This website uses cookies primarily for visitor analytics. Certain pages will ask you to fill in contact details to receive additional information. On these pages you have the option of having the site log your details for future visits. Indicating you want the site to remember your details will place a cookie on your device. To view our full cookie policy, please click here. You can also view it at any time by going to our Contact Us page.

Investment released to fix legionella issues

14 May 2019

Extra funding has been awarded to St George's University Hospitals Trust after it appealed to NHS Improvement to assist with improving its water supply system.

Its appeal followed two cases of legionella, each of which affected one patient and occurred in October 2017 and April 2018 respectively, according to HSJ magazine.

The most likely cause of this was deemed to be bacteria in the hospital's water supply and it told NHS Improvement that "it could not take responsibility for some aspects of patient safety if it did not receive the necessary capital funding", said the report.

It was subsequently awarded £27m in funding for 2019-20, £3.5m of which was allocated for water safety and the trust said water supplies were now safe.

However, HSJ further reported that minutes from the trust's April finance and investment committee meeting said that "the mitigations in place for maintaining water safety were still fragile and were heavily dependent on individuals undertaking checks".

The magazine has previously reported on a leaked letter from NHS England's finance chief to NHS trusts, "telling them to scale back their capital plans for 2019-20".

Last year's announcement on budgets "suggested" the capital budget for the Department of Health and Social Care would increase from £5.9bn to £6.7bn in 2019-20, which seems to contradict the need to reduce projects.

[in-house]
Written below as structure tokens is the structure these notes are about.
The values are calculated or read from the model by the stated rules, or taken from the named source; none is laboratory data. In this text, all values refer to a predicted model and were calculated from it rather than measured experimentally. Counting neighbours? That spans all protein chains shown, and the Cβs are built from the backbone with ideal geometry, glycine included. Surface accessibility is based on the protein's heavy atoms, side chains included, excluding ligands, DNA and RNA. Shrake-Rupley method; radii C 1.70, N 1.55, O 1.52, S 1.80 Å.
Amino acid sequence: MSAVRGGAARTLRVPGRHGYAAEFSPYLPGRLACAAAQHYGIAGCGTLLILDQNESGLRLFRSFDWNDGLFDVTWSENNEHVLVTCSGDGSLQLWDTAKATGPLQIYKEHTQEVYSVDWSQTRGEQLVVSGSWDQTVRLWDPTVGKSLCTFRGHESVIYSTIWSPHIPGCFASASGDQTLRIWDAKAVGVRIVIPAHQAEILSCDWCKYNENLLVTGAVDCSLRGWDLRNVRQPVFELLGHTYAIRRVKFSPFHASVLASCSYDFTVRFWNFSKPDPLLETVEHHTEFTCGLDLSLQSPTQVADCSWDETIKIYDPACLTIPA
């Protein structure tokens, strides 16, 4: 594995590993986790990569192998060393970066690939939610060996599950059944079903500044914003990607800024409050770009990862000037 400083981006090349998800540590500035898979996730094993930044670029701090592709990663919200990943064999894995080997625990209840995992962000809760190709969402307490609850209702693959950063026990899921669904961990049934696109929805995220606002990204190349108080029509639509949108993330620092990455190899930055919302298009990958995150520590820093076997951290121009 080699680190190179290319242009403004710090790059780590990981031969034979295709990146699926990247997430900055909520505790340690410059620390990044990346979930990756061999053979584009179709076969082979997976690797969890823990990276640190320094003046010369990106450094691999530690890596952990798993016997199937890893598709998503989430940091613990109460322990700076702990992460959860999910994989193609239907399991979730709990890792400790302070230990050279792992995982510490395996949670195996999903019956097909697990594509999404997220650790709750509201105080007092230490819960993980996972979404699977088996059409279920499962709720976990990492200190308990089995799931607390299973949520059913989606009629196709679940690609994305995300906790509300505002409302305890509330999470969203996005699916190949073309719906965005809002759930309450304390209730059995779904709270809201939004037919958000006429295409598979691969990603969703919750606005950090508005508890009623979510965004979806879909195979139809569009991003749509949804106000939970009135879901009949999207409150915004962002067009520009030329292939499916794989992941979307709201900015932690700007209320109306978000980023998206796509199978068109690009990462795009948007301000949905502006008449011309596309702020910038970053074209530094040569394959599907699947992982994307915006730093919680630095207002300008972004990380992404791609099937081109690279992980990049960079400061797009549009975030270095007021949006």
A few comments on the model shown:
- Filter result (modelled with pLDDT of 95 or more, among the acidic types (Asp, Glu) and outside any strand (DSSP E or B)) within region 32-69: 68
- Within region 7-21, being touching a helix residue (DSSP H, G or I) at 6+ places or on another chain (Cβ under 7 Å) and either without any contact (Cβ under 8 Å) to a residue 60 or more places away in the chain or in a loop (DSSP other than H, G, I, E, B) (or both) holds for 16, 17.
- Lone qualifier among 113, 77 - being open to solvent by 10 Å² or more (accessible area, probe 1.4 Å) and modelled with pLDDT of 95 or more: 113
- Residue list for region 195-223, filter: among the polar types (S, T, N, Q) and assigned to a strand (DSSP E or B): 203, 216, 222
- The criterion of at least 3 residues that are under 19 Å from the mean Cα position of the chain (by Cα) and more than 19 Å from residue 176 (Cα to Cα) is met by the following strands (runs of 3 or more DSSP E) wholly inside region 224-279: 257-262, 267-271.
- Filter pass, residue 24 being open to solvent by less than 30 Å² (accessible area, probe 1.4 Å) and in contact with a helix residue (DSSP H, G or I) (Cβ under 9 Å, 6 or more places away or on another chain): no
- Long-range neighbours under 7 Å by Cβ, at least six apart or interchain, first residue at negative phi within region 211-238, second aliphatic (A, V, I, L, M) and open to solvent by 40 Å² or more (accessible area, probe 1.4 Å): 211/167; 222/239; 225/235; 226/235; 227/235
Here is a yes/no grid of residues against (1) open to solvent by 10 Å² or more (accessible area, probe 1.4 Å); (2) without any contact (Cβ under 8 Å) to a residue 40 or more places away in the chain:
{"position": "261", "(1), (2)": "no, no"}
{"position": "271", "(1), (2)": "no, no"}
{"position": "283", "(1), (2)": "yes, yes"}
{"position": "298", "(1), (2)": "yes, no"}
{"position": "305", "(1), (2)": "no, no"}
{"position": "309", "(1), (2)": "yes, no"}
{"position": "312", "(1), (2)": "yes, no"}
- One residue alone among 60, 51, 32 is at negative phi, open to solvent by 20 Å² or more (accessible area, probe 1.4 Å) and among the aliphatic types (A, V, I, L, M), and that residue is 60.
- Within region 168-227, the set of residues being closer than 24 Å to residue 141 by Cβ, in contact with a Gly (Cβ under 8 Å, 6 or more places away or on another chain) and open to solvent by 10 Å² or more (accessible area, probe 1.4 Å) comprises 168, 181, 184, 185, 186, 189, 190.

The example of St George's University Hospitals provides further evidence to support the view that all facilities need to invest in achieving compliancy in all areas in order to avoid outcomes that may prove costly to both the health and wellbeing of facilities users and the financial status of owners and operators.


Print this page | E-mail this page

http://www.fsifm.com
PFM


MOST VIEWED...

View more articles
Article image

Why the Law Says You Need a Nappy Bin Disposal Service

At home, parents are used to disposing of their babies’ used nappies the same way they do any other domestic waste - bagging it up and sticking it in the r...
Article image

“I don’t understand the PFM Awards”

The information provided below is intended to provide the FM industry with more understanding of the industry’s oldest awards initiative, which continues t...
Article image

Making smart decisions when purchasing new technology

We asked industry experts if the implementation of new technology should be expected to reduce cost, in addition to improving the operation of facilities, ...
Article image

Sustainable business policies making good business sense

PFM examines how the alignment of sustainable practices are becoming an important element in the winning or contin...

Benchmarking maintenance

BSRIA has just published this year's operation and maintenance benchmarking report as a guide for building operators to evaluate their performance against ...
Article image

Training course for non-native invasive weeds launched

An initiative launched by the Property Care Association (PCA) is designed to help FMs improve their identification of non-native invasive weeds....